Thousands in France, California say 'no' to climate change
Thousands of people gather in front of Paris town hall during a protest, Saturday, Sept. 8, 2018. Demonstrators in cities across France and Europe were marching on Saturday as part of a global day of protest ahead of a climate action summit this month in San Francisco, California. (Christophe Ena/Associated Press) September 8 at 4:02 PM
PARIS â" More than 18,000 people marched Saturday in Paris as part of an international mobilization to show popular support for urgent measures to combat climate change in advance of a San Francisco summit.
Crowds overflowed a plaza in front of City Hall before marching east to the Place de la Republique, carrying an urgent message that itâs up to the public to put glo bal warming at the top of the political agenda.
âPlanet in Danger,â read some banners.
Activists around the world encouraged âRise for Climateâ protests before the summit taking place Sept.12-Sept. 14. Californiaâs governor proposed the event after President Donald Trump vowed to pull the U.S. out of a landmark 2015 climate accord.
The international agreement was negotiated in France, and the French capitalâs march was more successful than ones held Saturday in other French cities or elsewhere in Europe.
Thousands of people took to the streets of San Francisco, marching about 2 miles (3.2 kilometers) from the cityâs piers to City Hall. Demonstrators banged drums, sang and hoisted signs that said âRise for climate justiceâ and âNot a penny more for dirty energy.â They called for politicians to spearhead a transition to 100 percent renewable energy.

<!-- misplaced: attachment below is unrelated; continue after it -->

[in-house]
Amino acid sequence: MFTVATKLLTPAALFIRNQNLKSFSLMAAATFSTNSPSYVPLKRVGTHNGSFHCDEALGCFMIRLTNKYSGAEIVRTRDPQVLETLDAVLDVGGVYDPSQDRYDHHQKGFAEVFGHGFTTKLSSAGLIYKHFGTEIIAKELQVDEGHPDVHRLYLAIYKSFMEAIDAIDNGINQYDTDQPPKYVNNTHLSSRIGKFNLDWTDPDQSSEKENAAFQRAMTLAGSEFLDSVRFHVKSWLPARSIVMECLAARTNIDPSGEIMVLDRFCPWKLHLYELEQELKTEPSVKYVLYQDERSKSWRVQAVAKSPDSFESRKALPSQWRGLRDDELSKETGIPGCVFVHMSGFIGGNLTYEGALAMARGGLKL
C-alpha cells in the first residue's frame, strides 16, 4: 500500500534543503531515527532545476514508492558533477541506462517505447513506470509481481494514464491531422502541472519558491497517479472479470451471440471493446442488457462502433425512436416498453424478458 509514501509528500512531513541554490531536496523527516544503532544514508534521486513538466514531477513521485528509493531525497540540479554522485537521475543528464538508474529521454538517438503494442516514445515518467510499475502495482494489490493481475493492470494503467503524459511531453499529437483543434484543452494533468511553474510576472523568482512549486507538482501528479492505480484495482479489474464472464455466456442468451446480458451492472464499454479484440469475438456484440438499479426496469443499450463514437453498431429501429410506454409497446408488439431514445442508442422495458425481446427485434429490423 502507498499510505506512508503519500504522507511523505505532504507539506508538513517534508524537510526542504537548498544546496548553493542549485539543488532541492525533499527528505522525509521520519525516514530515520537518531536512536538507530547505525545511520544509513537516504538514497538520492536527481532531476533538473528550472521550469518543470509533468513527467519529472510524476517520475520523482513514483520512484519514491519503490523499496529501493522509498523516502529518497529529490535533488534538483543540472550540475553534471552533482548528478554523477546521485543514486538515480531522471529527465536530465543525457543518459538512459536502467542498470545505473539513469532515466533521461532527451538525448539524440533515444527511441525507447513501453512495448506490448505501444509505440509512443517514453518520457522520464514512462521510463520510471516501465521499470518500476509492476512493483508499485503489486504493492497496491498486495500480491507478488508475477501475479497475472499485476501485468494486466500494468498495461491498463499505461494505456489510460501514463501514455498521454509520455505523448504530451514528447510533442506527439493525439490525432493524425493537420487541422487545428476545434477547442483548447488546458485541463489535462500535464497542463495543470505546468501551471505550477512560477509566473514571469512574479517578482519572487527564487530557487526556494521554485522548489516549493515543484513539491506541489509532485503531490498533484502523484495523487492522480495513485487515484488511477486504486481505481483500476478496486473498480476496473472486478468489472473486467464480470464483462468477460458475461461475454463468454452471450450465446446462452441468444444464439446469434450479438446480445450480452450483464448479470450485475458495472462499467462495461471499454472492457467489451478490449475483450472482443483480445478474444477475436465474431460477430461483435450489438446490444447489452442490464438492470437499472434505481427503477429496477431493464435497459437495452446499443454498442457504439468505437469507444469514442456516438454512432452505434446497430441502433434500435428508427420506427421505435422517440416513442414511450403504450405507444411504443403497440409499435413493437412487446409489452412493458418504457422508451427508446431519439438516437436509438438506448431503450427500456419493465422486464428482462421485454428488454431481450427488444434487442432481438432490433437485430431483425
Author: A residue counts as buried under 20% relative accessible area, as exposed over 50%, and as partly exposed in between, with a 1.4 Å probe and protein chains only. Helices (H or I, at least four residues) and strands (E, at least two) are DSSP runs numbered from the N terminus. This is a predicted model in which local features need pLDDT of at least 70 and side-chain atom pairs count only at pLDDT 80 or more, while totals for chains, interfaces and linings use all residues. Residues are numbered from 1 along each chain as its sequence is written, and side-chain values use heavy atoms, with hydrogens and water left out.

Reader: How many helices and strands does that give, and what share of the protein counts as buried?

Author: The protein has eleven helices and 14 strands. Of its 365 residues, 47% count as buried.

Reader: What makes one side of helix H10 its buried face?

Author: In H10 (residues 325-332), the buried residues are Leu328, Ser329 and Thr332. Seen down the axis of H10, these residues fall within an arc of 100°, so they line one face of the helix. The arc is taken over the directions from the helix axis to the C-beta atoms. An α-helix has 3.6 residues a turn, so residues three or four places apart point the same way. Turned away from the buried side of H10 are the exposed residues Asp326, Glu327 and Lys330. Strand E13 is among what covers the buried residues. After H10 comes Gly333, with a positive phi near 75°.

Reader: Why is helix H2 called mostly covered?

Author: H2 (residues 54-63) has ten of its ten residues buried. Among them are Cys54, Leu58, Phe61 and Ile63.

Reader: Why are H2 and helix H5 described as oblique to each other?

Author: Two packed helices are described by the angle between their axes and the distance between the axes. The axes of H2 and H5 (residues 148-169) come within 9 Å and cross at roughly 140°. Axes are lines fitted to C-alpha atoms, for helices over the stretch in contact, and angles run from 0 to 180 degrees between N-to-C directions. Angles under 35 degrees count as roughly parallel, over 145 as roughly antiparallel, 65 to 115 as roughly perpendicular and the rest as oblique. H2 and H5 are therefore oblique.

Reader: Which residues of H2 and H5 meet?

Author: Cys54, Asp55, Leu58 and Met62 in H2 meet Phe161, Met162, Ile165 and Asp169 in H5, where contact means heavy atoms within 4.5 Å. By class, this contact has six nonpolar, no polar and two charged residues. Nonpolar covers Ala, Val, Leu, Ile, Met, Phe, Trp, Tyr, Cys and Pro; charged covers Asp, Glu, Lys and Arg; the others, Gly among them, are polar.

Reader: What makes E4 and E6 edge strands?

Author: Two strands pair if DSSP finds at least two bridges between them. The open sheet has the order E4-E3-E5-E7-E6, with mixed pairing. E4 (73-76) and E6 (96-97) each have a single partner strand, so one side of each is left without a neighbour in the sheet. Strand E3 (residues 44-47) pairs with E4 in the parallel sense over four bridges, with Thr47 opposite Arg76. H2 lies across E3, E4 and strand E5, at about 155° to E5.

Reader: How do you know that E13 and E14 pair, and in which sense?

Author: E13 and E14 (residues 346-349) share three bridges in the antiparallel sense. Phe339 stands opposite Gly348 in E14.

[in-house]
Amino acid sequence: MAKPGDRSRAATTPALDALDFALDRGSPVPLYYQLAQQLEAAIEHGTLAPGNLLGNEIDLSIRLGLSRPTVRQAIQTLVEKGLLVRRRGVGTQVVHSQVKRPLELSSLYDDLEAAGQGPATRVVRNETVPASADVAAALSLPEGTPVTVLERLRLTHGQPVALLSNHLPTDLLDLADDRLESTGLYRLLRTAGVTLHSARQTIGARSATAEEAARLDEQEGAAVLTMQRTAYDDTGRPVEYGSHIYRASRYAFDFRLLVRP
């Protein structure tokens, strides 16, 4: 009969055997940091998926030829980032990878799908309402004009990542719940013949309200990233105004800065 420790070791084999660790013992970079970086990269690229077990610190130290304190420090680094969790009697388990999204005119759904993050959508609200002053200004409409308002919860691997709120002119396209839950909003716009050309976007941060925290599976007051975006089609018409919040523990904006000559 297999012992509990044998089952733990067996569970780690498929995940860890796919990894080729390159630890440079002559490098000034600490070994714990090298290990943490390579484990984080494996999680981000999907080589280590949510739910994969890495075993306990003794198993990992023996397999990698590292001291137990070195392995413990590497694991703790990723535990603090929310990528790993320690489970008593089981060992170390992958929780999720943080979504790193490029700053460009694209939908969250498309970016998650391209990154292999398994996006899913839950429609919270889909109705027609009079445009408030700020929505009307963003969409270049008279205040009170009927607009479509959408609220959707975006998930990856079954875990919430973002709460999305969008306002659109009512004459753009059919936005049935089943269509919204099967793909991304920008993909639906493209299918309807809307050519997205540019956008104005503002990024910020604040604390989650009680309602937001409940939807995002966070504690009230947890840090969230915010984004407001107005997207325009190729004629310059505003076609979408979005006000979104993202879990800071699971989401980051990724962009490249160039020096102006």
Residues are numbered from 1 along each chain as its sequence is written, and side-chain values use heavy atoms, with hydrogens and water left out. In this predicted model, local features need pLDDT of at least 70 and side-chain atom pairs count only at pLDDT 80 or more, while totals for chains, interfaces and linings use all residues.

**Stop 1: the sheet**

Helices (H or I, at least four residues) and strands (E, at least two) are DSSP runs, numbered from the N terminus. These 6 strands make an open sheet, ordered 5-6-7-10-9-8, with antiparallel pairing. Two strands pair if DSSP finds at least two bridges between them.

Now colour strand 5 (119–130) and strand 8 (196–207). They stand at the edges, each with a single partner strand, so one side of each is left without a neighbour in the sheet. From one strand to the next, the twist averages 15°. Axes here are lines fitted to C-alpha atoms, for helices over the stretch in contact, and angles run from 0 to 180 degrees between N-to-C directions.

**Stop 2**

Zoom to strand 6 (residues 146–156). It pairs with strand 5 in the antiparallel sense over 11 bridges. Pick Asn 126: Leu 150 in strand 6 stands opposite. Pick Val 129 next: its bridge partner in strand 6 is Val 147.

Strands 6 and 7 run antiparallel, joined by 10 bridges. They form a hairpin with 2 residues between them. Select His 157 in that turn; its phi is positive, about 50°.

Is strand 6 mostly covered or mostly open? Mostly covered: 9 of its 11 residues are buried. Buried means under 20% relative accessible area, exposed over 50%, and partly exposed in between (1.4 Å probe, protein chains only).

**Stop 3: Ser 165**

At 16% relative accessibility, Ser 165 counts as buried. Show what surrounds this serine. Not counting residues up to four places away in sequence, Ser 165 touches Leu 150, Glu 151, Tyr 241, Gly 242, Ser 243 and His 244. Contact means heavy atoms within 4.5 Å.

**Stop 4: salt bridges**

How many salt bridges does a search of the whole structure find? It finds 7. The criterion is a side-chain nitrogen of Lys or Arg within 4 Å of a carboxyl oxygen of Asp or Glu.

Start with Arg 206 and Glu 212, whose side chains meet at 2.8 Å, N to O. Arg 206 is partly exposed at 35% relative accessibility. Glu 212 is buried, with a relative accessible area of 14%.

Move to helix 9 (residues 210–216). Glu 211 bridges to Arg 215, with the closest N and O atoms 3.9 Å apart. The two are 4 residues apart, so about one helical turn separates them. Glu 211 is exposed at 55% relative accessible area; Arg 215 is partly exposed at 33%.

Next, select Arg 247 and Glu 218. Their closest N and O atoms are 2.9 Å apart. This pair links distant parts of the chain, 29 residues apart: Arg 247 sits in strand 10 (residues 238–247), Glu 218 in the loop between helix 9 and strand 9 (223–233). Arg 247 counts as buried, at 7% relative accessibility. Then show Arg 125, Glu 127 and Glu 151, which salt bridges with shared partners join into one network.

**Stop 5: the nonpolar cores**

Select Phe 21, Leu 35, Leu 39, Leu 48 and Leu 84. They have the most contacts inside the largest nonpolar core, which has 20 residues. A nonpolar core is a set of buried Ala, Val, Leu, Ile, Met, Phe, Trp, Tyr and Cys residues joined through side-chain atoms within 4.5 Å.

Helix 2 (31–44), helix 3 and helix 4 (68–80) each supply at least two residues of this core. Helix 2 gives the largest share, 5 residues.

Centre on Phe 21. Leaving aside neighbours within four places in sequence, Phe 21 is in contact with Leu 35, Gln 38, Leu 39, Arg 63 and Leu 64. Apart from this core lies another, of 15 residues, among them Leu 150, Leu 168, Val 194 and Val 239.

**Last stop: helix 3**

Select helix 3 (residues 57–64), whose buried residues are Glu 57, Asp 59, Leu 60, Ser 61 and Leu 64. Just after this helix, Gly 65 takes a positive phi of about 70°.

Police estimated that 18,500 took part in the Paris march, while organizers put the number at some 50,000.
Several hundred people gathered in Franceâs southern port city of Marseille. Several dozen called for an end to the use of fossil fuels outside Londonâs Tate Modern art gallery. Only about two dozen showed up in Barcelona, Spain.
The front-page of Franceâs daily Liberation newspaper featured a call from 700 French scientists for the government to âmove from incantations to acts to move toward a carbon-free society.â
The language was a reference to French President Emmanuel Macronâs use of the phrase âMake our planet great again,â a takeoff on Trumpâs âMake America Great Againâ campaign slogan.
The signing scientists also called for âstrong and clear political choicesâ and said âsolutions are available.â
The march in Paris, organized with the theme âChange the system, but donât change the climate,â was both festive and serious.
One protester, Manuel Bibes, denounced the plastic th at inundates daily life. Another, Rodgrigo de la Vega criticized the practice of driving down the road to buy bread.
âThere is no Planet B,â a sign read.
Elaine Ganley and Chris den Hond in Paris and Christopher Weber in Los Angeles contributed to this report.
Copyright 2018 The Associated Press. All rights reserved. This material may not be published, broadcast, rewritten or redistributed.Source: Google News France | Netizen 24 France